Fitch’s office assured reporters that the purpose of this was to target doctors, not women, and that anti-abortion attorney generalS simply “might need to gather information” from out of state health care providers in building a case against a doctor who botched an abortion. This means if something goes wrong with the abortion, Fitch will surely pounce and try to prosecute. Her hope is that out-of-state doctors will then treat Mississippi women as a legal threat and screen them out of their patient pool.

While working to reduce pregnant women to baby-making wards of the state, Fitch is not above attacking Mississippi businesses that dare to acknowledge the existence of gay people. Fitch signed onto a July 5 letter addressed to Target CEO and Chairman Brian C. Cornell over his company’s Pride Campaign.

“During this campaign, Target wittingly marketed and sold LGBTQIA+ promotional products to families and young children as part of a comprehensive effort to promote gender and sexual identity among children,” the letter said. “This year, Target reportedly promoted and sold products in our states that included, among other products, LGBT-themed onesies, bibs, and overalls, t-shirts labeled ‘Girls Gays Theys.’”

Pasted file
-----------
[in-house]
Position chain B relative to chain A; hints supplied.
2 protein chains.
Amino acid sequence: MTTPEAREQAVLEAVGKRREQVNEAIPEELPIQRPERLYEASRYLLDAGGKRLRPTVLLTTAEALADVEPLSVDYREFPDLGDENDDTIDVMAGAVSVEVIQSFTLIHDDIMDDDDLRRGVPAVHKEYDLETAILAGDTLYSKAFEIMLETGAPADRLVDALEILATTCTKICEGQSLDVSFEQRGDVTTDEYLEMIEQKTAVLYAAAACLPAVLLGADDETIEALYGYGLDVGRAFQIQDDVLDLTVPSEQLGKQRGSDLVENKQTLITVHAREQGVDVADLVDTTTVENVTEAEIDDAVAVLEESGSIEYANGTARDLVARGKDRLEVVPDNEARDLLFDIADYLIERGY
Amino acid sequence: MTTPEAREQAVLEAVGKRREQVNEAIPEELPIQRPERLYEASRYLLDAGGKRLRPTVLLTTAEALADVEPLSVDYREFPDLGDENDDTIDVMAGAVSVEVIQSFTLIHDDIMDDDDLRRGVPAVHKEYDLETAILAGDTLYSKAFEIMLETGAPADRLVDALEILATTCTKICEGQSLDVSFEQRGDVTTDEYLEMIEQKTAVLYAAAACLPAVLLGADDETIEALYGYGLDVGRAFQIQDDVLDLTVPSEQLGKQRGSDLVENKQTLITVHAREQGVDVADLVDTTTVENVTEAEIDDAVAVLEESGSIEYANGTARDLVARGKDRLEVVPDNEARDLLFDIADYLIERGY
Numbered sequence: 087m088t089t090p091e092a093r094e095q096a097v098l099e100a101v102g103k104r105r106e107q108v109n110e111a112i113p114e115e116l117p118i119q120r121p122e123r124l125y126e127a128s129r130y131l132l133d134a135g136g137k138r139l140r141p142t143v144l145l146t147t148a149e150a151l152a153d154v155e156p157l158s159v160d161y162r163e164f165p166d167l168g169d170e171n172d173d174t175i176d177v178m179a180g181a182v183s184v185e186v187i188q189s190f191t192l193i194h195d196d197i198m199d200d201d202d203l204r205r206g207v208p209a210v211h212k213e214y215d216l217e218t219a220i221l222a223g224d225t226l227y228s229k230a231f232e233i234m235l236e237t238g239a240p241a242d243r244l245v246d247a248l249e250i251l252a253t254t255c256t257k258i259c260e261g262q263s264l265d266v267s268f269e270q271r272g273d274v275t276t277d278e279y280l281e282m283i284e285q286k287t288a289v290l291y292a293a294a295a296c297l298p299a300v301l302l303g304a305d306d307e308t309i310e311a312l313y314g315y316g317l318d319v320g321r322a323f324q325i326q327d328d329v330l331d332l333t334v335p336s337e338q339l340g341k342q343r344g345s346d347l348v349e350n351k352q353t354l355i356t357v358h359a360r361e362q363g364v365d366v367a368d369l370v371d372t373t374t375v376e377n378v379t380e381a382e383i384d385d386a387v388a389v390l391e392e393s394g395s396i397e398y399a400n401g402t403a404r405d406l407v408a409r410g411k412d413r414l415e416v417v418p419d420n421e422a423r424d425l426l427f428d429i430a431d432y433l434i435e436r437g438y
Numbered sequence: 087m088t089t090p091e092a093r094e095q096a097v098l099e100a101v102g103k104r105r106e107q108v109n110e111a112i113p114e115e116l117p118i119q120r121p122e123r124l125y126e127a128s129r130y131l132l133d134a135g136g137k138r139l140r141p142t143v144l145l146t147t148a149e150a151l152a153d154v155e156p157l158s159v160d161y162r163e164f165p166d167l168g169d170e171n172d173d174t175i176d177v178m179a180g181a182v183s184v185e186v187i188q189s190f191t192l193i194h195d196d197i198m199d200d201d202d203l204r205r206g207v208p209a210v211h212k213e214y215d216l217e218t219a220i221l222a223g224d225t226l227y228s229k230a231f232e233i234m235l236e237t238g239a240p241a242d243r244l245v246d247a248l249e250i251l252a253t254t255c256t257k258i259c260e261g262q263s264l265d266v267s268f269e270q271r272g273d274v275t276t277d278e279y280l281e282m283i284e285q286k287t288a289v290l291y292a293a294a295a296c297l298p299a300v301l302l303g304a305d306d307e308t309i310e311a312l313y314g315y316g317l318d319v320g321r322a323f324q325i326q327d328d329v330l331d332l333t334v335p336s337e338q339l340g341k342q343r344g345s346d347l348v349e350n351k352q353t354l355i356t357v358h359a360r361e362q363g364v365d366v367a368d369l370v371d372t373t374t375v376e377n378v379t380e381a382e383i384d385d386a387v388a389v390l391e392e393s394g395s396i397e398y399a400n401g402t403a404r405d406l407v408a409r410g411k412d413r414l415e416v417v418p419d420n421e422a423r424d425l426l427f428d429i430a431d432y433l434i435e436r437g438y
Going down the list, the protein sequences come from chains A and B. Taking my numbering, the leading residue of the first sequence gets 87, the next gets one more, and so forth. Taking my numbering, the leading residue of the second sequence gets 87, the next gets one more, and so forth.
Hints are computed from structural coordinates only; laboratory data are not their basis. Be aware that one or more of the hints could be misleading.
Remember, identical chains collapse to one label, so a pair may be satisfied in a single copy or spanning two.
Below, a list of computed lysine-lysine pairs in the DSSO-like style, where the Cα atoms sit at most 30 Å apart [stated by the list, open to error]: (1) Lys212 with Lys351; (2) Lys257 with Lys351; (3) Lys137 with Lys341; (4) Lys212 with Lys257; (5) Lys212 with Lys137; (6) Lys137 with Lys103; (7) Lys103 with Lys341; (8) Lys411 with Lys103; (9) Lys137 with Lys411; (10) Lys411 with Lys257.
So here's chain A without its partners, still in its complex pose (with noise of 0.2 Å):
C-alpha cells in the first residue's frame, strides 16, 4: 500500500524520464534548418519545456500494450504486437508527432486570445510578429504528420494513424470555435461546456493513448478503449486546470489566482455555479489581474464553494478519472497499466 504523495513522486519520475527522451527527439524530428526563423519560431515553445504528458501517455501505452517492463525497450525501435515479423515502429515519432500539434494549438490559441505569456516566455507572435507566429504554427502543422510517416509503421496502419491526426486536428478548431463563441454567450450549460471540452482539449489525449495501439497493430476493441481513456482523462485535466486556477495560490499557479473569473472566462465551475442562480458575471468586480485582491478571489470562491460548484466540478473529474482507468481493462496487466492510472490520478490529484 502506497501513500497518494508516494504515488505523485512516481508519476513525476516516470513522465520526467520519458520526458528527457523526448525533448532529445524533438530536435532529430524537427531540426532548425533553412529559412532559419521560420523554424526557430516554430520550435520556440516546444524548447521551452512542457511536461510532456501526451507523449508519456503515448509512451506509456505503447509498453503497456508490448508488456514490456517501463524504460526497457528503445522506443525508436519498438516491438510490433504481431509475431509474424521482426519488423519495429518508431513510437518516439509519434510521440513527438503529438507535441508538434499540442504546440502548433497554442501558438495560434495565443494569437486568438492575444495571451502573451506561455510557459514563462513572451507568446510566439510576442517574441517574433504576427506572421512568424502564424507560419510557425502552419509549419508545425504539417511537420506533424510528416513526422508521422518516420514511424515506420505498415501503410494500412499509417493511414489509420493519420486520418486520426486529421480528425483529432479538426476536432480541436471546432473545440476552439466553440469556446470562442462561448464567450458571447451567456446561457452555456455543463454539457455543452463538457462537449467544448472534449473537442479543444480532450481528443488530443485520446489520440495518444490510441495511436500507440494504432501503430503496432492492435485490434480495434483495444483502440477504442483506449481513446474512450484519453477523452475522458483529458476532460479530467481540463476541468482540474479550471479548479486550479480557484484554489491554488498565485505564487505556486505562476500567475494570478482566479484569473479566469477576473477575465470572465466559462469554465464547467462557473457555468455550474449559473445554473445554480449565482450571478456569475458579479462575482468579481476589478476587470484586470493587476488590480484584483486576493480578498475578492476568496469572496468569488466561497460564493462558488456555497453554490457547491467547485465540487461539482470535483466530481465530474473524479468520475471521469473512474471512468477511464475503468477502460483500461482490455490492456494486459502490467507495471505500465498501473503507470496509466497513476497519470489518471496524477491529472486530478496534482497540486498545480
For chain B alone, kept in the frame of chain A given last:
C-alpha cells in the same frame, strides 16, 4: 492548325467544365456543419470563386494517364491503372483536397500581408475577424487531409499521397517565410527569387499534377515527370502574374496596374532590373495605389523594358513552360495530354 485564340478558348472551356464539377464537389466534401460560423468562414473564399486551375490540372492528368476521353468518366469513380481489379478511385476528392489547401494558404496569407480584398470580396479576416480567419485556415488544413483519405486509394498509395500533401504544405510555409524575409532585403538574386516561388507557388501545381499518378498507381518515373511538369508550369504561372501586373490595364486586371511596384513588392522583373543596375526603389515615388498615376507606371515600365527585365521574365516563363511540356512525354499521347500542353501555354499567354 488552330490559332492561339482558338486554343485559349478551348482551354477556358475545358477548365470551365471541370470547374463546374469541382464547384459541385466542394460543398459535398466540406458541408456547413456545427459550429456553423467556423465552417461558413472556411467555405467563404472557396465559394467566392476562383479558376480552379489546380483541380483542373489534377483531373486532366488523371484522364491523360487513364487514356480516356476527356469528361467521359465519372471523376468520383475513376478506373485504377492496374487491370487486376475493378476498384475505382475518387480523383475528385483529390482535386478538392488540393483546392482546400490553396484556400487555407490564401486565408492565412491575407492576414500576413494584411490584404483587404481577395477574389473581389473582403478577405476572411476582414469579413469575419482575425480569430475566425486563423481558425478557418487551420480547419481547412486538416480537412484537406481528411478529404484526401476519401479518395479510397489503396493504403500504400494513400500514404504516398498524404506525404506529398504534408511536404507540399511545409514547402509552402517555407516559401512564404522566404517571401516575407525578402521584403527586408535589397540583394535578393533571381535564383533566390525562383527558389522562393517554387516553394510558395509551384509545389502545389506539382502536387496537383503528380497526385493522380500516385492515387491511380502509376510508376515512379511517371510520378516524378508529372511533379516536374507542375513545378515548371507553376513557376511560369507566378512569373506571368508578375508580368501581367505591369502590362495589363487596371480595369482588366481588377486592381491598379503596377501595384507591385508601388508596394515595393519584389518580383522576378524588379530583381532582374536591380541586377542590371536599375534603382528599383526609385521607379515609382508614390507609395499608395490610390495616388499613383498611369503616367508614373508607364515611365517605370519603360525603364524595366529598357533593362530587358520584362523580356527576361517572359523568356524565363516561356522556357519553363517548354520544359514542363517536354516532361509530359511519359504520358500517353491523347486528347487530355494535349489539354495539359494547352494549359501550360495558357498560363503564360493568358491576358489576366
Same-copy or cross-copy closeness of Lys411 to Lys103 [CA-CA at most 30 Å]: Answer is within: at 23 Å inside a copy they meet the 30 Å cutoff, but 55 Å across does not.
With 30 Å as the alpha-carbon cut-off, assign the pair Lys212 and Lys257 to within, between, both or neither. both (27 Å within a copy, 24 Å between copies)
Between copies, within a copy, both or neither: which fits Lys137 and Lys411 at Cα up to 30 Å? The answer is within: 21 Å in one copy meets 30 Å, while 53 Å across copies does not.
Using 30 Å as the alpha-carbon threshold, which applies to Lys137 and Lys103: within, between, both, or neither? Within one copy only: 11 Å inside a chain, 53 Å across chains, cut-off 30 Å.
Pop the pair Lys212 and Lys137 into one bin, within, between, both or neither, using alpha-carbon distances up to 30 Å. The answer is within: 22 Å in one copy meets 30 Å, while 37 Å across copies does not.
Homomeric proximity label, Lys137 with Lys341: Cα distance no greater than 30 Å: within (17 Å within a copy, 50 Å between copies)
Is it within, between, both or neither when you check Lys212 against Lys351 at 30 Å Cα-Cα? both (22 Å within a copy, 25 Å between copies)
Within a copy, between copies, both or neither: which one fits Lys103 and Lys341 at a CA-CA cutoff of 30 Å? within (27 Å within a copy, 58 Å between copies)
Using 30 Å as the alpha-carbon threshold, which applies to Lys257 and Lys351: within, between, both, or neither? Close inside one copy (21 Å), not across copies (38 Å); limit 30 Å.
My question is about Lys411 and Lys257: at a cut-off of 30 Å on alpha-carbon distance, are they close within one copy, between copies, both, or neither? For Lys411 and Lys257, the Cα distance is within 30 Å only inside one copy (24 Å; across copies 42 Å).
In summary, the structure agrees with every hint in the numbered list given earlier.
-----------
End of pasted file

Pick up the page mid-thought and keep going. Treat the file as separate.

Fitch is irritated that the chain sold merchandise featuring well-known drag performer Queen Katya, who she feels should be invisible to children, and she disapproves of a Target brand of girls’ swimwear adjusted to fit boys’ anatomy.

In addition, Fitch complained that the store chain provides financial support to GLSEN, which offers resources to trans and nonbinary youth suffering victimization from other students or members of their own family. Just to be clear, 83% of trans male students and 80% of trans females are victimized over their gender expression.

While Fitch is working to shove LGBTQ+ people back in the closet and attack women, critics say she is failing as an attorney general. Her suit against the nation of China over COVID is making no progress, and her agency has failed to release an annual accountability report every year since 2020.

Fitch also settled a mass of potentially profitable insurance cases related to Hurricane Katrina for a pittance, compared to her predecessor Jim Hood. Critics claim this is likely because Fitch “is a Republican,” and “probably cozier with the insurance companies than were her two predecessors.”

Fitch’s Democratic opponent, Greta Kemp Martin did not comment on Fitch’s relationship with corporate wrongdoers, but she did accuse Fitch of failing at most things that don’t involve thumping a Bible.

“Mississippi has other priorities at this time,” Martin told Black Girl Times. “It’s commonplace for my opponent to go after issues not directly affecting Mississippians and ignoring things happening right here in our state. For example, she’s been asked many times to address police violence in Rankin County, but she has neither issued a statement nor indicated that her office is looking into the matter.